Though as students, we are unable to directly perform these limb saving procedures, our small act of kindness helped provide much needed hope for these children.
Our vision for supplying toys to the underserved children of the Yucatan was brought to life with the tremendous efforts of Ms. Ianka Rodriquez, the project coordinator of the Yucatan Crippled Children’s Project for the past five years. The former president of Barry AAWP chapter, Chelsea Ofili started the Yucatan Crippled Children’s Project Toy Drive last year, and we graciously continued the tradition. Ms. Rodriquez was key in helping us get the toys from Florida all the way to the children in Mexico. She coordinated the toy distribution to all children after their surgery was completed. We asked Ms. Rodriquez, “How do you believe the toys made the children feel?” to which she replied: “These children are in underserved areas, when they see our team, they feel hope!” Though as students, we are unable to directly perform these limb saving procedures, our small act of kindness helped provide much needed hope for these children. We accomplished our goal of bringing love, care, and a smile to each child.
As podiatric medical students, we believe that by being involved in community service, one can not only give back to the community but also build one’s own character by discovering who you are as a person.
A large portion of being a part of the healthcare field involves having a certain level of compassion for others. As podiatric medical students, we believe that by being involved in community service, one can not only give back to the community but also build one’s own character by discovering who you are as a person. Additionally, AAWP offers community service events for podiatric medical students, where they can apply what they learn in class and build their clinical skills while serving the underserved in the local community. For instance, recently, AAWP participated in a Special Olympics Fit-Feet event, where students had the opportunity to interact with Special Olympics athletes and care for them alongside applying skills such as performing biomechanical evaluations on athletes, outside of a classroom setting. Each year, AAWP also hosts a Good Friday event where callus shavings, nail debridement, and foot screenings are provided for the local homeless population at various locations in South Florida such as Hollywood and Miami. With the addition of the Yucatan Crippled Children’s Project Toy Drive, AAWP has expanded its reach to surpass the local community to begin serving communities on a more global scale.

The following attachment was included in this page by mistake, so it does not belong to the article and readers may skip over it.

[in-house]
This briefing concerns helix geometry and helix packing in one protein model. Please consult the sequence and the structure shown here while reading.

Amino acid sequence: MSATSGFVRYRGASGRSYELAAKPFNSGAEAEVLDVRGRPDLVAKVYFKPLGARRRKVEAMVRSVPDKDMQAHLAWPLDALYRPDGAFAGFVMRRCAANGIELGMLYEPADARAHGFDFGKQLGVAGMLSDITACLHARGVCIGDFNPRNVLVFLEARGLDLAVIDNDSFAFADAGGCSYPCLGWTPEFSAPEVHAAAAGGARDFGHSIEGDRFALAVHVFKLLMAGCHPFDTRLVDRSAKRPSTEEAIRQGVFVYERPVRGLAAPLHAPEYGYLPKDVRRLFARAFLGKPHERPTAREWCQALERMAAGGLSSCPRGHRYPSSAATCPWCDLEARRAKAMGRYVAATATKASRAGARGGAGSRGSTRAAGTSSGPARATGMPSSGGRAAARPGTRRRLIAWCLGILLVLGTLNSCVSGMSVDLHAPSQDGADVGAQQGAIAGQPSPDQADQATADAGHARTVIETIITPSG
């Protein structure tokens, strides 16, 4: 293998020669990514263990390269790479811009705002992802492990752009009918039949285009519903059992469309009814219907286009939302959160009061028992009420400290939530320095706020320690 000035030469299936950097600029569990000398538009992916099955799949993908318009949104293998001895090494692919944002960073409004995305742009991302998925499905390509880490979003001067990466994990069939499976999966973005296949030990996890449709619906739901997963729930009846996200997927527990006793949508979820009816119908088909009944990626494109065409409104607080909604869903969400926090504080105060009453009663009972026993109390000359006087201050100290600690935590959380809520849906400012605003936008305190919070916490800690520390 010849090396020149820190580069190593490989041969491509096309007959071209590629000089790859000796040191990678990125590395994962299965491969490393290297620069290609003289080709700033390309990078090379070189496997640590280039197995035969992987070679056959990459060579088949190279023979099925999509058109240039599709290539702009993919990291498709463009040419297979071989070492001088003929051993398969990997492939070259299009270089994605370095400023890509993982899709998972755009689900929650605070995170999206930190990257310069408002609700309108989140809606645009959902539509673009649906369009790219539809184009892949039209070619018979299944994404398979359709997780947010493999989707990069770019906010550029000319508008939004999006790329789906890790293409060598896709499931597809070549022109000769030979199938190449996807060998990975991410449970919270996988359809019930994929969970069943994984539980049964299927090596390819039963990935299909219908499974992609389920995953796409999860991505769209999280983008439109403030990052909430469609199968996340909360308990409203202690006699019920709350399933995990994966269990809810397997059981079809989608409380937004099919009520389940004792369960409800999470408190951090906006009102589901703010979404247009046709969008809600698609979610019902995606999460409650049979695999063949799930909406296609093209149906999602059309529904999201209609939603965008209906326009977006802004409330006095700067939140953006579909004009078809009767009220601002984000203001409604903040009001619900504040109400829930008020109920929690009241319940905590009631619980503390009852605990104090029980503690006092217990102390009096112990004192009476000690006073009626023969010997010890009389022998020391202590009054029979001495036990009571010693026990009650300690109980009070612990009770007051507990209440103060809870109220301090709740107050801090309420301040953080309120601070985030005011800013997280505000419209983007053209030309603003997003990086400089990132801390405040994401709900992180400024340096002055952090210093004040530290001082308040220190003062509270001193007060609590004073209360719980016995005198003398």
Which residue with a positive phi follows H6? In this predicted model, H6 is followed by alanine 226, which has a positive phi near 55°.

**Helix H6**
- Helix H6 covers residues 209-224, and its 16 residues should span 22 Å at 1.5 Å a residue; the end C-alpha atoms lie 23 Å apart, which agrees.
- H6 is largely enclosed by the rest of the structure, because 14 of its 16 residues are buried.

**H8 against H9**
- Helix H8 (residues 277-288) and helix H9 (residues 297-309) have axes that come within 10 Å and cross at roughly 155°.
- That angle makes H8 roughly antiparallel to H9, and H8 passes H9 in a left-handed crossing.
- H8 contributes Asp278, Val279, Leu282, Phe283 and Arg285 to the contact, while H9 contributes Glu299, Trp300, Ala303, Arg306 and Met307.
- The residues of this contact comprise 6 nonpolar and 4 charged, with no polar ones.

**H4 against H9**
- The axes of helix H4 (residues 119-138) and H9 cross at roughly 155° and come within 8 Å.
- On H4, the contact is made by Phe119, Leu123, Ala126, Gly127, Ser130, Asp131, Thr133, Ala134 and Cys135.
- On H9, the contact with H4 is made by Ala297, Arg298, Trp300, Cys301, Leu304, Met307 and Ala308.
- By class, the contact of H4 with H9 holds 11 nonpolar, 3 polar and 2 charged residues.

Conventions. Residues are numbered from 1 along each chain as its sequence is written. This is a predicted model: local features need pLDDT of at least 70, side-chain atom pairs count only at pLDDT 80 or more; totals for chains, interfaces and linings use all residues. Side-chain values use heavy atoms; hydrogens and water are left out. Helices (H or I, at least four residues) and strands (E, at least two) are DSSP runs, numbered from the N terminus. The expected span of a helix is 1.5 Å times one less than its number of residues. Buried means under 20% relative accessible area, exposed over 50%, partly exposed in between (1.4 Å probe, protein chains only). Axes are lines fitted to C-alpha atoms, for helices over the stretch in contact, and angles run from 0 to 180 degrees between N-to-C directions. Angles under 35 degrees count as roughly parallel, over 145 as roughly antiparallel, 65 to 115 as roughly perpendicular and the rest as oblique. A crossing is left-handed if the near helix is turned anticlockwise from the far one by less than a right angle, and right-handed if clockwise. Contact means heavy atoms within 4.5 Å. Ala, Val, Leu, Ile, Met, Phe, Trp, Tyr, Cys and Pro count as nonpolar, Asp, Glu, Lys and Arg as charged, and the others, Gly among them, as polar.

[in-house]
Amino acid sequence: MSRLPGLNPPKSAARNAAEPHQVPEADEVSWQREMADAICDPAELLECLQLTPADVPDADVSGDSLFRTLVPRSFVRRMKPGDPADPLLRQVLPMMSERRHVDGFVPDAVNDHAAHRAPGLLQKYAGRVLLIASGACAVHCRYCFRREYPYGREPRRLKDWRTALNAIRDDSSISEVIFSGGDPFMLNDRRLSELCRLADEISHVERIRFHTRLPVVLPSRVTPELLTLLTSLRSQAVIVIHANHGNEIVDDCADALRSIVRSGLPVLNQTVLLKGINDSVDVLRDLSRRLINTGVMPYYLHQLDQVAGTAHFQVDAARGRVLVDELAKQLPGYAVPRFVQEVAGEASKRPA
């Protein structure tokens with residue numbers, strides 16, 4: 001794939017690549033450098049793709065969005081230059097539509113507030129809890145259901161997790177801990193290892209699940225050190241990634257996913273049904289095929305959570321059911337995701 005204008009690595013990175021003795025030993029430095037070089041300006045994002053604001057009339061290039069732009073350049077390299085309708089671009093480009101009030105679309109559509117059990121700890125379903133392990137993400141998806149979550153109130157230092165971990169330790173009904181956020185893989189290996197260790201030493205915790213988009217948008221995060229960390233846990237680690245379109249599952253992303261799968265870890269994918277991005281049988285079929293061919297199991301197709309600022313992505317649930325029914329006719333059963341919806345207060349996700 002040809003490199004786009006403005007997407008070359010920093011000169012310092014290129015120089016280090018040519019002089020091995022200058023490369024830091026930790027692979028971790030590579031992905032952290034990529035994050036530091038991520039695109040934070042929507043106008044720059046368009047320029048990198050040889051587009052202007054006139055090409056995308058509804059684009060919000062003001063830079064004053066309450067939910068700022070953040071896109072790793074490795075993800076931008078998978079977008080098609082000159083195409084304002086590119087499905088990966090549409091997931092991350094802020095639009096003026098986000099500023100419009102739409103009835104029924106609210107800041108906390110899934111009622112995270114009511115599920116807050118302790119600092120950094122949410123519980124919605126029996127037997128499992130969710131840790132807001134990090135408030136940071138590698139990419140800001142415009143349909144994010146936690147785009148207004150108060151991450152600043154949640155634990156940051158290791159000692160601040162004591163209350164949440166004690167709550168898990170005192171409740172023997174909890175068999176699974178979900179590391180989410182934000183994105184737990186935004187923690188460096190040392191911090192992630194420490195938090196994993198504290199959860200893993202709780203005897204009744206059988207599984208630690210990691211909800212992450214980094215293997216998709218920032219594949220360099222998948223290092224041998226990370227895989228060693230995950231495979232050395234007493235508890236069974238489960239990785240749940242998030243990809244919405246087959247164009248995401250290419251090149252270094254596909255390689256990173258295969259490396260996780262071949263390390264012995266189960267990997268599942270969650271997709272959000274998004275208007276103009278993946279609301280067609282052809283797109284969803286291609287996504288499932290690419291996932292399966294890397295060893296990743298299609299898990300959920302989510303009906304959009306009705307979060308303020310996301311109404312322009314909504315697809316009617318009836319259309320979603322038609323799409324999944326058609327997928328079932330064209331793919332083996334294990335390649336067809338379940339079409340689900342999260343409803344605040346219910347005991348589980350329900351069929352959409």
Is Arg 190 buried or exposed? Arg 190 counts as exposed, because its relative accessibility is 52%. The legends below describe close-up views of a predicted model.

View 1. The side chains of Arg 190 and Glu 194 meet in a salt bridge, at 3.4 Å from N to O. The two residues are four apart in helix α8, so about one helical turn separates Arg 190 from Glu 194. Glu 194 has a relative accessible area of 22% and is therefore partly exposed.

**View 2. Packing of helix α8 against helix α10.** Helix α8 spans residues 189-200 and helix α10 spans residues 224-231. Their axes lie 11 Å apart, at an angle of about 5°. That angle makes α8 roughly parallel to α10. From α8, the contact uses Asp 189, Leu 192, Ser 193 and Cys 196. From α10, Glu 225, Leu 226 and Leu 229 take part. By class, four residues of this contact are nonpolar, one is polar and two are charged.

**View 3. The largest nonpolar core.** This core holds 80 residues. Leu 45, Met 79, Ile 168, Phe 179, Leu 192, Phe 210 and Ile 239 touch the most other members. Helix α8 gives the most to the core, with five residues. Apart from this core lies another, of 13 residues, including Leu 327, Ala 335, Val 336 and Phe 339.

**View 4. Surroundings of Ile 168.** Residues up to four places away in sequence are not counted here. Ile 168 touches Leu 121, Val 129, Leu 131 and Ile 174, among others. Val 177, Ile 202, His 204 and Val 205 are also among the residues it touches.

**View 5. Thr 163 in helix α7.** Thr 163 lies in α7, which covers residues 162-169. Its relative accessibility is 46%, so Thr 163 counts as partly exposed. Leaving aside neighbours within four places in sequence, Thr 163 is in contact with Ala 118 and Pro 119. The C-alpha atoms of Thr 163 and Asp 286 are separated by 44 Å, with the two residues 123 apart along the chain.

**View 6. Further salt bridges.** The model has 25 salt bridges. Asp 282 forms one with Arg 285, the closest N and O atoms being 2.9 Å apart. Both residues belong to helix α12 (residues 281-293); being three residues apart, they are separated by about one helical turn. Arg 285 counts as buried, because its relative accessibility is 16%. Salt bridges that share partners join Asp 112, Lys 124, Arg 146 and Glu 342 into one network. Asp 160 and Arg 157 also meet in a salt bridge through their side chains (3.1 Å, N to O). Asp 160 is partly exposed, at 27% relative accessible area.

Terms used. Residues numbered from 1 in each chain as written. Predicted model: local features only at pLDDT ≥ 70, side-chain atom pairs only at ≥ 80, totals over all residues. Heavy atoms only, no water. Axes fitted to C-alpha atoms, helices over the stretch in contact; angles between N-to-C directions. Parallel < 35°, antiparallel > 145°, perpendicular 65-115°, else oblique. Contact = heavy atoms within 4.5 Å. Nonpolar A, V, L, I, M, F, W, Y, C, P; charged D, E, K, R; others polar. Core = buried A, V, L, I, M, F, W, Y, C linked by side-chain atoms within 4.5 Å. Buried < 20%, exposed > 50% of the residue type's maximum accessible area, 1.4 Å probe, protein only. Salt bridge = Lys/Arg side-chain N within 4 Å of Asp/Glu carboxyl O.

Though our acts may have been small, in the grand scheme of things, we were able to contribute towards putting a smile on each child’s face. It is important for all students out there to know that any act of kindness, no matter how big or small can make a significant impact in the community. Just remember, even little things can make a big difference.
Day of Toy Delivery
By: Tiffany Cerda, Marika Jackson, and Rose Mary Wilson.
Student Organization: AAWP
School: Barry University School of Podiatric Medicine
Little Things Can Make A Big Difference
1st Place – Writing Competition 2020